The TRF102 gave me some problems though as I think it was just so different to my other cars which are buggies. There were a couple of things I had to correct, and one was pointed  out by @TurnipJF from pics in the build thread, so that is the only embarassing one being public!

I think the TA07 went fine though, can't really remember though

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Not too big of mistakes, but I've spent a lot time wondering "What the h*** did they do???" regarding certain wrecks I've bought on ebay :blink::wacko:

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isnt it normally down to the excitement of a new build and especially a new chassis for the first time...which influences you to speed up the build time to see it running even quicker than originally planned! 😝 

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I think it's impossible not to make a minor boo-boo when building a new kit, some of the ones I've done are putting the front diff on my nitro buggy in upside down so the front wheels spun backwards and the rears spun forwards, thinking "Ooooh that's clever, they have given me spare steering knuckles" on my re-re bigwig build and not realising that tamiya actually have supplied upgraded parts along with the originals, the obligatory forgetting one tiny thing deep inside the gearbox and having to strip it all down again and the all time classics that are putting a screwdriver down and not being able to find it 30 seconds later and supergluing myself to the tyre/wheel.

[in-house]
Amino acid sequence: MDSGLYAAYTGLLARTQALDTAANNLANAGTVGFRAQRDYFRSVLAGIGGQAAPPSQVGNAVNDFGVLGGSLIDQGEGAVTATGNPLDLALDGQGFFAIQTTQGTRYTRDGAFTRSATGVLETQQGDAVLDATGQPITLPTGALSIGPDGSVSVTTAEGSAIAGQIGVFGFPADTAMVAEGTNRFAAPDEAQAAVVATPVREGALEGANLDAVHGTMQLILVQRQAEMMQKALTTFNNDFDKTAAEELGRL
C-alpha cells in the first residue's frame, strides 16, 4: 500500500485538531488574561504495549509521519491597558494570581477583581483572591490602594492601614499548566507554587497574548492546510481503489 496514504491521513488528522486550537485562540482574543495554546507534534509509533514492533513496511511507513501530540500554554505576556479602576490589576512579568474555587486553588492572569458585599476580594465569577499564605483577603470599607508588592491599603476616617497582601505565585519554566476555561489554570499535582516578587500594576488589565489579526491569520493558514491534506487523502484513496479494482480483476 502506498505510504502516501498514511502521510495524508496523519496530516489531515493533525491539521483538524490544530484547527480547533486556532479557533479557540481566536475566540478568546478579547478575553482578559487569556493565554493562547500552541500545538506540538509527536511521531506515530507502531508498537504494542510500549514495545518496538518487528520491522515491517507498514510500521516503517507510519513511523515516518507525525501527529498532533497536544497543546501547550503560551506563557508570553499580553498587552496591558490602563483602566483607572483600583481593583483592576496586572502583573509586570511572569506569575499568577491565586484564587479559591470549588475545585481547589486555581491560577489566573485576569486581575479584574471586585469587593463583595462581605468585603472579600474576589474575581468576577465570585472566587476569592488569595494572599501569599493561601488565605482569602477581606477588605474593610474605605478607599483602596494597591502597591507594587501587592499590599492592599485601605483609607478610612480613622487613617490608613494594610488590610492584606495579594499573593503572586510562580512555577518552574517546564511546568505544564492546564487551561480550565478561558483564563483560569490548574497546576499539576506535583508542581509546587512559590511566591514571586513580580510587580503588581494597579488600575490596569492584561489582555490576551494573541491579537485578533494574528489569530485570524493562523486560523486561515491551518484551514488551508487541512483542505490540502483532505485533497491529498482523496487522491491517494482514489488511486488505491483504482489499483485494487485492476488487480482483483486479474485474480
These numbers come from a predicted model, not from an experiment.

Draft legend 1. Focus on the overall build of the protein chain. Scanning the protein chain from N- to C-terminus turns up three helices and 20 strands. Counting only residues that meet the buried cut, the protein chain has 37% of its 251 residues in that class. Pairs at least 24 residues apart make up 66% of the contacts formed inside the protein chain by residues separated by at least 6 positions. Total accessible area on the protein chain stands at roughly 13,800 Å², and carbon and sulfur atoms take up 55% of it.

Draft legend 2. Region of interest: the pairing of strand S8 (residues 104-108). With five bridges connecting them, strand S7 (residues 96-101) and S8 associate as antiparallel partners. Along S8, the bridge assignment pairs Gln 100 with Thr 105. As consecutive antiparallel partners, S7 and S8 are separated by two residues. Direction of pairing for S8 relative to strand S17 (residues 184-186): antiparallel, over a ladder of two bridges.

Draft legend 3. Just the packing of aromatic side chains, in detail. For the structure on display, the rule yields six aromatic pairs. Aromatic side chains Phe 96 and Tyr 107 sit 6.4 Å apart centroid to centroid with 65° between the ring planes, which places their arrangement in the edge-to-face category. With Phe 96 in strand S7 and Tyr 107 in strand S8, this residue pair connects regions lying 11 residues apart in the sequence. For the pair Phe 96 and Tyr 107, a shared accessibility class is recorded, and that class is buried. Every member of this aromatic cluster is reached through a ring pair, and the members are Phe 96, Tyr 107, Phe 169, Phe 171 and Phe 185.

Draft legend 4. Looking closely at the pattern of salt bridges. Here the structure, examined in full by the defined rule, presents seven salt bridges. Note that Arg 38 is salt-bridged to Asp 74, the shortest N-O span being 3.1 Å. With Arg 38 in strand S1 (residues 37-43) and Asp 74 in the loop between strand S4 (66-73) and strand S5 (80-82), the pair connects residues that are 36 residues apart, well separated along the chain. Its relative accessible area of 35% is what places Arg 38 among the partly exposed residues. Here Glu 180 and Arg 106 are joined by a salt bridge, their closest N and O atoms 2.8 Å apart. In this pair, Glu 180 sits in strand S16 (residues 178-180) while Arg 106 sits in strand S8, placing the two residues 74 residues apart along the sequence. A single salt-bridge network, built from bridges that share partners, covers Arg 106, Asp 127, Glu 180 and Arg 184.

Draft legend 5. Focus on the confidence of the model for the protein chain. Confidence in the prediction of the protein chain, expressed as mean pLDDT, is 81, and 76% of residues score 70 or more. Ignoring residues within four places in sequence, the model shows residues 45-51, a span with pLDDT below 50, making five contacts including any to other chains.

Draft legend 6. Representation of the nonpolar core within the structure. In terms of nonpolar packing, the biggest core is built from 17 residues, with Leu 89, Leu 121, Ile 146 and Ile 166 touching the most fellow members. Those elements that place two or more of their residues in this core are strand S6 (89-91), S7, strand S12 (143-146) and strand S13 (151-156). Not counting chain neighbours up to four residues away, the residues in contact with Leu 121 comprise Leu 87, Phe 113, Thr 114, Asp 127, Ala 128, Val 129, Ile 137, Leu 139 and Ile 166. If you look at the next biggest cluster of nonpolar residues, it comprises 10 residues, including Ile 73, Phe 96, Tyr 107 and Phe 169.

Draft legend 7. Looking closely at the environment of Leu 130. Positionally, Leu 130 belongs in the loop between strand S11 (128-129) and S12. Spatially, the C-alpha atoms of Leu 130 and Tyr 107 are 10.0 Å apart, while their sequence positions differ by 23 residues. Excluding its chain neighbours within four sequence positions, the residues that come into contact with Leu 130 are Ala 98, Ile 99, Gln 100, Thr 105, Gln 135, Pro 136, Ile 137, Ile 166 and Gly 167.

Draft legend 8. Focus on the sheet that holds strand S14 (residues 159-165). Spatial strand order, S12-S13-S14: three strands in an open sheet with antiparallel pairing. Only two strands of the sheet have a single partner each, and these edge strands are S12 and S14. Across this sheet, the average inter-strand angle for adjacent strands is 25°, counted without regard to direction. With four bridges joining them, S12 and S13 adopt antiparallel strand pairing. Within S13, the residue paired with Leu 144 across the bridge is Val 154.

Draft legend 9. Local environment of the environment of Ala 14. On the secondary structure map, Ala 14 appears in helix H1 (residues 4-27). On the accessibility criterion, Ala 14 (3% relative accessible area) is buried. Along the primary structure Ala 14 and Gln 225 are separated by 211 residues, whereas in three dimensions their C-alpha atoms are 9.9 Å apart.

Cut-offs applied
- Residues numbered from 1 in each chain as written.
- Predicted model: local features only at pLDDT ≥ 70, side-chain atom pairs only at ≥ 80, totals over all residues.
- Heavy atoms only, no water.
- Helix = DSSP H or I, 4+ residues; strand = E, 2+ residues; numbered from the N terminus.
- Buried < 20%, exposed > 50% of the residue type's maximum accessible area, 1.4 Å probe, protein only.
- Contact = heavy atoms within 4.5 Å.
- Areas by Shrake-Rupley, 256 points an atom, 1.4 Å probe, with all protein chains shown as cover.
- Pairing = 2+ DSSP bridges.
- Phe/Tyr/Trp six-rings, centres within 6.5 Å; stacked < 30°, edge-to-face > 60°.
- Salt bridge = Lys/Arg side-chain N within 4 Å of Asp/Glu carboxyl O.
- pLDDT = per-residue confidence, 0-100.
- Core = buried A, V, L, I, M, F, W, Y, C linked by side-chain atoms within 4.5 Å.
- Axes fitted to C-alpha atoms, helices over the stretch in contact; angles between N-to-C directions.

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I always catch a mistake or two. My last build of my agrios i caught myself 2or 3 times but luckily it was noticed the following step or two. I also seem to switch left and right because being left handed i look at things differently, but my last few builds i havent screwed that up because i triple check when a section of which way to turn things is

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The kits I owned in order:  Kyosho Ultima => Tamiya Hornet => Associated 12i => Tamiya Blackfoot => Associated RC10 => Tamiya Golf V5 => Tamiya BRAT     so having owned these and seen some manuals - The RC10 was a glorious car but the manual with the black and white photos was an absolute CLUSTERF—— No internet forums like this back in 92/93.  There was usenet but that’s not the same.  Ugh that manual still gives me headaches.

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4 hours ago, JeffSpicoli said:

The RC10 was a glorious car but the manual with the black and white photos was an absolute CLUSTERF——

Photos! You lucky lucky...

Never built a Mardave Meteor then? 🤔

20180504_054902

That's about it! (And an exploded view)

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My ultimate build error (errors) was my build of the rock socker CR-01 it looks quite simple in design when you look at it fully built but I can't tell you how many times I had to take it apart because I put wrong screws in wrong places and gears the wrong way around🤔...........and then my Schumacher cat xls came along and that makes the rock socker build like a grasshopper😕